(see the rest at Galactic Journey!)
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Galactic Journey is all about spotlighting the exotic, from science fiction to the Space Race. Sometimes, the far out stuff can be found right here on Earth. I'm talking about music, man. Music.

Music is a weird thing. Unlike evolution in animals, which scientists believe is a smooth, unbroken process, music seems to evolve in sudden spurts. A genre will be born, flourish, and then become overripe. That's when another will spawn out of nowhere and supplant the old one.

For instance, in the 30s and 40s, popular music was all about Big Band Jazz. Glenn Miller, Artie Shaw, Benny Goodman, they all peaked pre-War and kept us dancing while our boys (and ladies) went to fight the Axis. After the War, that music evolved into a syrupy, schmaltzy mess. By 1954, the radio was almost unlistenable, filled as it was with crooning and orchestras.


Unless you tuned into the Black stations. There, a fusion of Western and Blues called "Rock n' Roll" was catching fire. The Crows and Chuck Berry were joined by White performers like Bill Haley, Jerry Lee Lewis, and, of course, Elvis Presley. All of a sudden, music was alive again. The late 50s, right around the time I started this column, were an exciting time for listening.



(Don't get me wrong -- Jazz was and is still a thing. Coltrane, Gillespie, Brubeck...just look at the recent popularity of Take Five, for instance. But it's for hipsters and hepcats, not for the hoi polloi.)

This may be a purely subjective view, but the 60s seem to mark another transition period for popular music. It seems to be floundering, torn between the classic (and now stale) riffs of the last decade and...something else. Of course, one rarely knows how a revolution will work itself out until its over, but there are a couple of movements might be indicative of where things are going.

(see the rest at Galactic Journey!)
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Did you ever eagerly wait for Christmas only to be disappointed by what you found under the tree (or, for my fellow Jews, under the menorah)? That's what this month must feel like for fans of the American space program. While the Soviets achieved a huge success in August with the multiple orbiting of Gherman Titov, the National Aeronautics and Space Administration had a lousy 31 days.

(see the rest at Galactic Journey!)
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by Gideon Marcus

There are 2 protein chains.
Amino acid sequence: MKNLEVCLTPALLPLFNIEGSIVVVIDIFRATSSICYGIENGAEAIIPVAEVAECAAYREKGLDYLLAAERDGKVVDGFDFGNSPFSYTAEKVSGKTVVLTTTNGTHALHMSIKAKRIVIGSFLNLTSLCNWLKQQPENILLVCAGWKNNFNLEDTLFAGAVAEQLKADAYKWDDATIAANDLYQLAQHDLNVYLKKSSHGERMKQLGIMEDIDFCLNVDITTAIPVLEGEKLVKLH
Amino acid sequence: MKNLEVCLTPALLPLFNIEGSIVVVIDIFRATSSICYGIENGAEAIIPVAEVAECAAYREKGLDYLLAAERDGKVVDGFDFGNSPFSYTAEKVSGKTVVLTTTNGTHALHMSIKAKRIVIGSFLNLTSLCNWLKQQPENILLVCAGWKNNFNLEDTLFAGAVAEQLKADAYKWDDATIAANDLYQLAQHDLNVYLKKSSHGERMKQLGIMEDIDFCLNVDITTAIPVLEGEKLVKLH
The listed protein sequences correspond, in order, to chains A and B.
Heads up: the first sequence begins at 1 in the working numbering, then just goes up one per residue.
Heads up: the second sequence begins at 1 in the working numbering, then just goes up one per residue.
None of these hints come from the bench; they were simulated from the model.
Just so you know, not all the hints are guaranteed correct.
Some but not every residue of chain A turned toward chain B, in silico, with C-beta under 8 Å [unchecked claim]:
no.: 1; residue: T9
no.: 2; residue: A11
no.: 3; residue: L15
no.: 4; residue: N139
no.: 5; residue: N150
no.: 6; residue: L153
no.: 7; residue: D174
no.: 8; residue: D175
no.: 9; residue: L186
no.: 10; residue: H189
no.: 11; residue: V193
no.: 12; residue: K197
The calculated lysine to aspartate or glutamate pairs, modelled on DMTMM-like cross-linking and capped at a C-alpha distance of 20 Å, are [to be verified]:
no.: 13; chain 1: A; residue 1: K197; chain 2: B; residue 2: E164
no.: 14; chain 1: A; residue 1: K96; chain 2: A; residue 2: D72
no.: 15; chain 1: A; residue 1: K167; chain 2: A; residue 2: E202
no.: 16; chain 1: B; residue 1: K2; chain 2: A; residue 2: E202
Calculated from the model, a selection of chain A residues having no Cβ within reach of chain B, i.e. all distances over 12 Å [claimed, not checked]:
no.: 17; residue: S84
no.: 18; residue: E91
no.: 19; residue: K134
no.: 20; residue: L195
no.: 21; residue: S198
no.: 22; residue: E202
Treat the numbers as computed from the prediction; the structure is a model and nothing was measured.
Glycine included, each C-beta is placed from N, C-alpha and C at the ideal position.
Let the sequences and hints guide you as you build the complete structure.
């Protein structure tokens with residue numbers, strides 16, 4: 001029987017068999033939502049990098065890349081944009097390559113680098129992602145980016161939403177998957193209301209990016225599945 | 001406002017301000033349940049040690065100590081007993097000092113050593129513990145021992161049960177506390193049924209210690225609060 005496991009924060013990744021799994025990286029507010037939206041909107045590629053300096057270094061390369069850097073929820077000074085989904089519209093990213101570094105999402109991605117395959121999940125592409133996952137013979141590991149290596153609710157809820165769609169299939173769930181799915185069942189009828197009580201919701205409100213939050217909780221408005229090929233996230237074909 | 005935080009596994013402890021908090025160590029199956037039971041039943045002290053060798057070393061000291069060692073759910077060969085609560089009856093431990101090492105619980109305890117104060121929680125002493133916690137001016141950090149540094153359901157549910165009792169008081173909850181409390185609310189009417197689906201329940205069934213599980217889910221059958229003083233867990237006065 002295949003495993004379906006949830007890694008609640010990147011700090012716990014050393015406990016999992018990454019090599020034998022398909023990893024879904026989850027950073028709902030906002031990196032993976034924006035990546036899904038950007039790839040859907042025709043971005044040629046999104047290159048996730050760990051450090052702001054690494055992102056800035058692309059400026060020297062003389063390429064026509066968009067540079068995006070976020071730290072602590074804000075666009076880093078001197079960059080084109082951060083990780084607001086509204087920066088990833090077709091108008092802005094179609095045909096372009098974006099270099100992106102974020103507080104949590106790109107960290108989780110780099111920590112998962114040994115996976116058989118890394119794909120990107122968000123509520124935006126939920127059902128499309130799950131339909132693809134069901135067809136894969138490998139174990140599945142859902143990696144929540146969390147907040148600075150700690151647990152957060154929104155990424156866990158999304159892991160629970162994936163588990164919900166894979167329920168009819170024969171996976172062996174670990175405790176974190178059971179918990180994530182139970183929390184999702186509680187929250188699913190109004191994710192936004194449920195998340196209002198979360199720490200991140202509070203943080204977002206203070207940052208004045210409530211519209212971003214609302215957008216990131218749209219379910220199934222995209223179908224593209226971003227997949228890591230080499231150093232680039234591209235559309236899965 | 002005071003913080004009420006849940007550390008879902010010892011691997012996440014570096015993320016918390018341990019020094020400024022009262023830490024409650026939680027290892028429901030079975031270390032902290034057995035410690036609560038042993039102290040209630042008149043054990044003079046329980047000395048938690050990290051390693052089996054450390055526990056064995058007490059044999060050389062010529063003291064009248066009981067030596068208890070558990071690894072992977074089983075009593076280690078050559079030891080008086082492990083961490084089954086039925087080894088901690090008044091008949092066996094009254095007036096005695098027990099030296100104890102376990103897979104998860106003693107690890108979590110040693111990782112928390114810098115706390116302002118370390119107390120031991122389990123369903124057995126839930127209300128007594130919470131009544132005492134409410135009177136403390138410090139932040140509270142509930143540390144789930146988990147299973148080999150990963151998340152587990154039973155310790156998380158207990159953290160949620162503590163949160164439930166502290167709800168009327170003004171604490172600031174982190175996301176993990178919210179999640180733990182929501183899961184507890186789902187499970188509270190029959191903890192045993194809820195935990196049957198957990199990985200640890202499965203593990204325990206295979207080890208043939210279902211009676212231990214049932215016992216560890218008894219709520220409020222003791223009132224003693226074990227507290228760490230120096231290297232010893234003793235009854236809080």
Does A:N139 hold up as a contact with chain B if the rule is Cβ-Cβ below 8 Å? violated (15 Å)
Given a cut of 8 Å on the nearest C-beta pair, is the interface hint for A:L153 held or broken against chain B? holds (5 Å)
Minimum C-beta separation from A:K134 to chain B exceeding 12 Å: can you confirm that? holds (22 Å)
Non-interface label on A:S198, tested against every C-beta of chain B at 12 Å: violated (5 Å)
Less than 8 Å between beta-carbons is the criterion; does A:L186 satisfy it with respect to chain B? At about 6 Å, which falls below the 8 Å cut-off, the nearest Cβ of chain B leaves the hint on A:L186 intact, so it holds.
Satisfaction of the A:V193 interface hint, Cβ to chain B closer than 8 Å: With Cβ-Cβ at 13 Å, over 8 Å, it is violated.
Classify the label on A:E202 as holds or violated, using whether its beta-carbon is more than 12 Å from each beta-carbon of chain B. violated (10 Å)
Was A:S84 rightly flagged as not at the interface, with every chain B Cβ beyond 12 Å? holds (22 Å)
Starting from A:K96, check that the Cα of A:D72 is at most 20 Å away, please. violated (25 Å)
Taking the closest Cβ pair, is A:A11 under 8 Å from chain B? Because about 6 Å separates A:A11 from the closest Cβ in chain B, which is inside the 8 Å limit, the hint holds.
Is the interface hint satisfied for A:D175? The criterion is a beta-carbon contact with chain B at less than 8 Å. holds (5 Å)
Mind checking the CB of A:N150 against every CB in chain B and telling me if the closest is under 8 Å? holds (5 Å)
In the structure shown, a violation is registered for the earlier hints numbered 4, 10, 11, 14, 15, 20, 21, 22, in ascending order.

My, what a pleasant surprise this weekend turned out to be! The group known as the North Escondido Rarities Devotees (NERD) put on a little gathering at a local venue. It was supposed to be an informal party, but attendance ended up over several dozen! It was essentially a little convention -- NERD-CON, if you will. It looks as if there are far more weirdoes in my town than I thought...



I met a lot of wonderful people. There was Angel, the flautist; Chris, the camera collector; Jay, the photographer; and many, many more. The highlight of the event (for me, anyway, and perhaps a few others) was my hour-long presentation. I talked about the state of science fiction, and which of our current predictions might become future realities. It was something of a Mort Sahl stand-up routine, and by the end of it, I was both elated and exhausted.

I can't wait to do it again!

If there is anything that unites us fans beyond an abiding love for the genre (one charming fellow buttonholed me to discuss the comparative virtues of Space Opera legend, Doc Smith, versus the offerings of today), it is our love of dressing up in bizarre costumes. I've developed my film and hereby devote the rest of this article to the outrageous cast of characters that brightened up my weekend...

(see the rest at Galactic Journey!)
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by Gideon Marcus

Just what is the Galactic Journey? Who is this mysterious "Traveler"?

Every so often, it's good idea to remind my readers who I am and why I do what I do. This weekend, I am presenting at a local science fiction gathering, so it makes sense that the first article they see makes sense of all of this.

My twin passions are science fiction and outer space. I live with my wife and daughter in San Diego, the fairest city in the Golden State of California. From 9 to 5, I run a mid-sized electronics company. In my off time, I maintain this column, writing about current books, magazines, movies, and science news (as well as other miscellany).